Opting out via any method (publically talking changing your hosts file, or using a different browser, or wearing a tinfoil hat, or refusing cookies, or opting out via their site) only stops them targeting the adverts based on your browsing habits, it does not stop them recording what you do.

    Apologies for repeating the same message others have also made/tried to make, but folks are either ignoring the facts, missing the point, or are being just plain stupid!

    Go to a decent ISP - Zen and PlusNet have both stated they aren't touching Phorm with a bargepole.

  85. Alan Edwards
    Dead Vulture

    No effing way would I accept this...

    a) They get a copy of all data sent in the clear, both requests and content. They *say* they ignore anything private etc, but would you trust them?

    b) Everything gets rerouted through F5 and their anonymiser. As costs go up, there's no guarantee these won't be running on a 486 in Alaska, which will make dial-up look fast.

    After the stink this has kicked off, will the next round of contracts ISPs sign will have clauses that say can't tell anyone you've signed the contract?


  86. Anonymous Coward

    I've written to my banks

    I suggest others do the same, it will probably fall on deaf ears but this issue needs to be spread as widely as possible.

    Email I have sent to all three of my banks below:

    "I have just learned via various news sites on the internet that Virgin Media (My ISP) is planning to introduce a new system for delivering tailored adverts to me that is run by a company called Phorm.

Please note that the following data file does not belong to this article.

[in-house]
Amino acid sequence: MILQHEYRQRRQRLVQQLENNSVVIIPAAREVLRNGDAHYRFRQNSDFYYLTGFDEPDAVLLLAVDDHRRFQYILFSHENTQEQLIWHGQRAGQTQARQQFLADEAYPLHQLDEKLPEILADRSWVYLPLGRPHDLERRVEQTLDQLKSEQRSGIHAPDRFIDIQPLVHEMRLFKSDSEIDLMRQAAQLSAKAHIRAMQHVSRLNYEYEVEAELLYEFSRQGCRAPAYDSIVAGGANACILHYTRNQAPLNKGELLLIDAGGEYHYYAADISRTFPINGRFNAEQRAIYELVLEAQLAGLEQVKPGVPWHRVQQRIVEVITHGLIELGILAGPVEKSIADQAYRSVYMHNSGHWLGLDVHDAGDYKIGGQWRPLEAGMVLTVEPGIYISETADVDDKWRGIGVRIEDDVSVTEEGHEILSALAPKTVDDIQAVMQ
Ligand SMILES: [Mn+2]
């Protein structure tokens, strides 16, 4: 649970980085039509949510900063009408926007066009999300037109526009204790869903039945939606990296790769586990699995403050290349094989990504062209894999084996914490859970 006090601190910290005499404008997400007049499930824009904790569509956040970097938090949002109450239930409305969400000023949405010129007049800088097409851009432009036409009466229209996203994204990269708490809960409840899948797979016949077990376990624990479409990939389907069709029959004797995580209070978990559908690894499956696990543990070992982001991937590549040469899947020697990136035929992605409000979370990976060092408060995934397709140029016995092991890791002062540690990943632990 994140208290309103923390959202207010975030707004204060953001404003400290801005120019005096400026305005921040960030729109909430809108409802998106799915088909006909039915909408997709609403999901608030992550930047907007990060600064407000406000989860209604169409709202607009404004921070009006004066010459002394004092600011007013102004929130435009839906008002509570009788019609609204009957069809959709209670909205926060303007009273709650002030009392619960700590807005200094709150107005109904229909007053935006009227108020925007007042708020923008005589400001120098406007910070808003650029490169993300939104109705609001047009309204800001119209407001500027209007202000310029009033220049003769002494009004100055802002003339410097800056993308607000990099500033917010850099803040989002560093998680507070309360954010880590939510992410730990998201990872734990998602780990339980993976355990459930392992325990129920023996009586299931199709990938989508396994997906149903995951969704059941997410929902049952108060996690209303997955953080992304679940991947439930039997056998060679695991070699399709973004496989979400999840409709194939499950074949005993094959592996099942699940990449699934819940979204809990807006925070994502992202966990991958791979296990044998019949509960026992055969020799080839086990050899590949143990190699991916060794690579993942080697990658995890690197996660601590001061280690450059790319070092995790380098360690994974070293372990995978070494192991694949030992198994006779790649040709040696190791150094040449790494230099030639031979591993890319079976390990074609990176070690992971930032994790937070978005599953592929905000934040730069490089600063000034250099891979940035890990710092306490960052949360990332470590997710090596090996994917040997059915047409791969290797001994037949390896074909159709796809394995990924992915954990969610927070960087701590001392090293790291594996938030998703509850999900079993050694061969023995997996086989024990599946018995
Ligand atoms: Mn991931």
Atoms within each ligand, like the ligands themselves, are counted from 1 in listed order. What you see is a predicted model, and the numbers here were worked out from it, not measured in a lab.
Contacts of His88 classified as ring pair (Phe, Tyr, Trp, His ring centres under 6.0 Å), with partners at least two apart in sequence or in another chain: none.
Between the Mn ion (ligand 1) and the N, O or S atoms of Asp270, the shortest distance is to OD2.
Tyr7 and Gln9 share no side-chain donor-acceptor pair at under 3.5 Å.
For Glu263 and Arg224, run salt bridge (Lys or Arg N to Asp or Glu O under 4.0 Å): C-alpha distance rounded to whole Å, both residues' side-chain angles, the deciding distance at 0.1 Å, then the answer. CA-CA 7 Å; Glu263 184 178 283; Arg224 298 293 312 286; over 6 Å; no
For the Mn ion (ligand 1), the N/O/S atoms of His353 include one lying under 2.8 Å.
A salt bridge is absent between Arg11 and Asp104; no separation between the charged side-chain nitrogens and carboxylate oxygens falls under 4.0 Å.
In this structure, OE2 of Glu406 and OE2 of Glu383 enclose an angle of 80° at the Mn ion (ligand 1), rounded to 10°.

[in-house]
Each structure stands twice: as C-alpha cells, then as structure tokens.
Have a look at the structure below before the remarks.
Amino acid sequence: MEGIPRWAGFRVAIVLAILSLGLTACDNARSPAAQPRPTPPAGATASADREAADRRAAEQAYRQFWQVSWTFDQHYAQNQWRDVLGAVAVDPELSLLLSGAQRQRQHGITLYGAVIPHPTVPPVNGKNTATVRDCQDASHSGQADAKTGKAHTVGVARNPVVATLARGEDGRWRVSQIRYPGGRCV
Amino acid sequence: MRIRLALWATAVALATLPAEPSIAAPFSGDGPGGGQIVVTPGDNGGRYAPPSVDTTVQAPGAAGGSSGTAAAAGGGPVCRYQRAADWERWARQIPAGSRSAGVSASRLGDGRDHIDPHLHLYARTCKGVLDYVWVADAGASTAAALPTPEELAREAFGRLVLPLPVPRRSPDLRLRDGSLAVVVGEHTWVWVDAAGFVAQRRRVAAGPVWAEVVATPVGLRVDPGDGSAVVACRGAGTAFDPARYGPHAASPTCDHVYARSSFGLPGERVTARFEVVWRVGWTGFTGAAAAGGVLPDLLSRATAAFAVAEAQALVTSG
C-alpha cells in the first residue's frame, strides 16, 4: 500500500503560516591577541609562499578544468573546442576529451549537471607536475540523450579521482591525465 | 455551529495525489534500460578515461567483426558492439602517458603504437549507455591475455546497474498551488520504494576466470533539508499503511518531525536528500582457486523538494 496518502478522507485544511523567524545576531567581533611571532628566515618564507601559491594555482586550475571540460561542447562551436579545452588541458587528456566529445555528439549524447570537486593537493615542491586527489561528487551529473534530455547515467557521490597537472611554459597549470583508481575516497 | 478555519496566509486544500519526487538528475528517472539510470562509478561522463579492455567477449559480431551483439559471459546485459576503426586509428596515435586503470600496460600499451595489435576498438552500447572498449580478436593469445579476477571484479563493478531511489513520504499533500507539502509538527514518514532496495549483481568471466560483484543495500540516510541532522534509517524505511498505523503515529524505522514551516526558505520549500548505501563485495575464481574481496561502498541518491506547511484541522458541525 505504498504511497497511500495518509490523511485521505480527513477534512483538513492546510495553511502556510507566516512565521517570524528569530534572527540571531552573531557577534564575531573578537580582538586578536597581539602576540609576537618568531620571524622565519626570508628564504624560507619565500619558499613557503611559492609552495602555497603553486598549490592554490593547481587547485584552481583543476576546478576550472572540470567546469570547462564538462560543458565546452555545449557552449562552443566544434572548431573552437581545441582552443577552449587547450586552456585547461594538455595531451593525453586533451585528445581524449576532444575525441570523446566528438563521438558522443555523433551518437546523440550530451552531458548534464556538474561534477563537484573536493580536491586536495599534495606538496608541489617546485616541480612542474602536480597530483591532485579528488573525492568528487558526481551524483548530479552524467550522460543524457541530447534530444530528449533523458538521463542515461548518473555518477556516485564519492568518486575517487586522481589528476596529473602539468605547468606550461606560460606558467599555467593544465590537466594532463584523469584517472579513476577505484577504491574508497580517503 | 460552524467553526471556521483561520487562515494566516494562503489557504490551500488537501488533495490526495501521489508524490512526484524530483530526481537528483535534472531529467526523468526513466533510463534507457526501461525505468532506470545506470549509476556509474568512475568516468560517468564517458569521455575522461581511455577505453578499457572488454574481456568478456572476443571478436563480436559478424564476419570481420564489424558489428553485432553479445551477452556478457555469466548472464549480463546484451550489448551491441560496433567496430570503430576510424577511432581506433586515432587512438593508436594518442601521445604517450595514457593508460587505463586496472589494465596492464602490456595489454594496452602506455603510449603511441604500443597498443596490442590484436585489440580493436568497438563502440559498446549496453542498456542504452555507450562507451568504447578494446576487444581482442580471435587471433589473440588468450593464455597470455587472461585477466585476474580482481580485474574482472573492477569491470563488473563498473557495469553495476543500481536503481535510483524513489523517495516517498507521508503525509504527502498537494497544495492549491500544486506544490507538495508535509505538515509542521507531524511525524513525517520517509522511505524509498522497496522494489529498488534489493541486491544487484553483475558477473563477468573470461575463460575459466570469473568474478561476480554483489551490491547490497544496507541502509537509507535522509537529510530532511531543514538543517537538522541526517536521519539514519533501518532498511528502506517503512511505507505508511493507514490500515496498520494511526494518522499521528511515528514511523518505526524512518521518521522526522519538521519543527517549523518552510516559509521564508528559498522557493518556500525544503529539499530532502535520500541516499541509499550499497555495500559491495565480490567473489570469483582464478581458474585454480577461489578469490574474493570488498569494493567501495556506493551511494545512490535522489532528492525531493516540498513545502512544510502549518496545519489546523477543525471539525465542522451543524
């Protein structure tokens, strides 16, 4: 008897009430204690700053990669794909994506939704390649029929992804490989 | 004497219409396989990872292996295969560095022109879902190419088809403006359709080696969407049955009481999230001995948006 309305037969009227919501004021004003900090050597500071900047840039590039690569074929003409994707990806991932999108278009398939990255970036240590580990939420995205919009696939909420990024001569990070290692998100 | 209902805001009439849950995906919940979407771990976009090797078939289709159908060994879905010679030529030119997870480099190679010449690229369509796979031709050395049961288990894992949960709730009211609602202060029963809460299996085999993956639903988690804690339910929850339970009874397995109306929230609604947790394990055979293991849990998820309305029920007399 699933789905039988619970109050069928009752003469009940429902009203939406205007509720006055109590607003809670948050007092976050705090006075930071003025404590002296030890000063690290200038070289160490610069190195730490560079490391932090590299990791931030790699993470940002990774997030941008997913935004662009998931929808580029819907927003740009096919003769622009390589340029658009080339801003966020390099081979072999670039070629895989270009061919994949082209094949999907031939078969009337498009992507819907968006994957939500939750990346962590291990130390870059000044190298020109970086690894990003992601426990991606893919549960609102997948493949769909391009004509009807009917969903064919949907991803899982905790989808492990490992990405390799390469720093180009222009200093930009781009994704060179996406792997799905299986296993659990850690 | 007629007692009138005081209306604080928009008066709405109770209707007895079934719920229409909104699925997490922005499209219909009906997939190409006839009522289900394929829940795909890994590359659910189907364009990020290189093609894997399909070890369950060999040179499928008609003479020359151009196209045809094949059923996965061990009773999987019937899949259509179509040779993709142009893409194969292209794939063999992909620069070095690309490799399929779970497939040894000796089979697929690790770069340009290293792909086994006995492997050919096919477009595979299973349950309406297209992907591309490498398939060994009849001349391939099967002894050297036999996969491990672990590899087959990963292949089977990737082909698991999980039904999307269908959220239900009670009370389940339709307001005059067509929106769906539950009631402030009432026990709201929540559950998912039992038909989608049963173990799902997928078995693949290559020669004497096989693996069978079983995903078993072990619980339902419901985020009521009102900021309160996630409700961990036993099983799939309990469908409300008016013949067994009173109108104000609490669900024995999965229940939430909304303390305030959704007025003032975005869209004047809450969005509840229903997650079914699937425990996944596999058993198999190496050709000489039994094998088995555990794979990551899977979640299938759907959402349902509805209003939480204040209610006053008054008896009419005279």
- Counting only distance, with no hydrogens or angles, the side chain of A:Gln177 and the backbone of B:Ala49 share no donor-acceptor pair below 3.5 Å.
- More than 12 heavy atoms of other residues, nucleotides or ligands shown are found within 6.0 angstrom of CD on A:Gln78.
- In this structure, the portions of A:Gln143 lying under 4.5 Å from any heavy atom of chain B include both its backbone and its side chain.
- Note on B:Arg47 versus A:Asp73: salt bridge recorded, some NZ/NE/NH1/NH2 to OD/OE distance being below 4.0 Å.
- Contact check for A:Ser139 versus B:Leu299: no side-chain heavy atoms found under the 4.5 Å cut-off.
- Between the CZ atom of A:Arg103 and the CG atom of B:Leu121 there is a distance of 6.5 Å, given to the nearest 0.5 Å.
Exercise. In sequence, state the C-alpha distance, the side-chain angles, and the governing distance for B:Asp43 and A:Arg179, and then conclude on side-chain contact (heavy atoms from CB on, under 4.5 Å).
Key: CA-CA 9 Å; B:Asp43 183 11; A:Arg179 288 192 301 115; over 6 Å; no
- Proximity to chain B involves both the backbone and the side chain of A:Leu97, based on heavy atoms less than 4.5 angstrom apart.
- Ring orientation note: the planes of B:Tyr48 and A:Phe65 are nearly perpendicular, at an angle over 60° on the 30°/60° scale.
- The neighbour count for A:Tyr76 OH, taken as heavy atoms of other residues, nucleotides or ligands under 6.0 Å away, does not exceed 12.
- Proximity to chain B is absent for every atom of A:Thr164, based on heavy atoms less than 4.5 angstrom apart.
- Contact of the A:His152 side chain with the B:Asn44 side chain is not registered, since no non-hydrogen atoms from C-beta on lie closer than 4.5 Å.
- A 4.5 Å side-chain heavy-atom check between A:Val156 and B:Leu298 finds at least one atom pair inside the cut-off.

The system involves intercepting my web requests, making a note of certain information and then forwarding the request on. The response from the ultimate website is then intercepted and modified as part of the process before finally sending the page on to me.

    I have a couple of concerns that I thought should be brought to your attention and would be keen to receive comment from [My Bank].

    Firstly, this "service" is effectively a "man in the middle" attack, communications between my home PC and my bank could no longer be considered secure, as my requests are being routed to a 3rd party (currently in China) and your responses are like wise being modified on the return route.

    Secondly, the company in question, Phorm has a history of questionable practices, being the major site that used to provide "popup" advertising, primarily for Porn sites.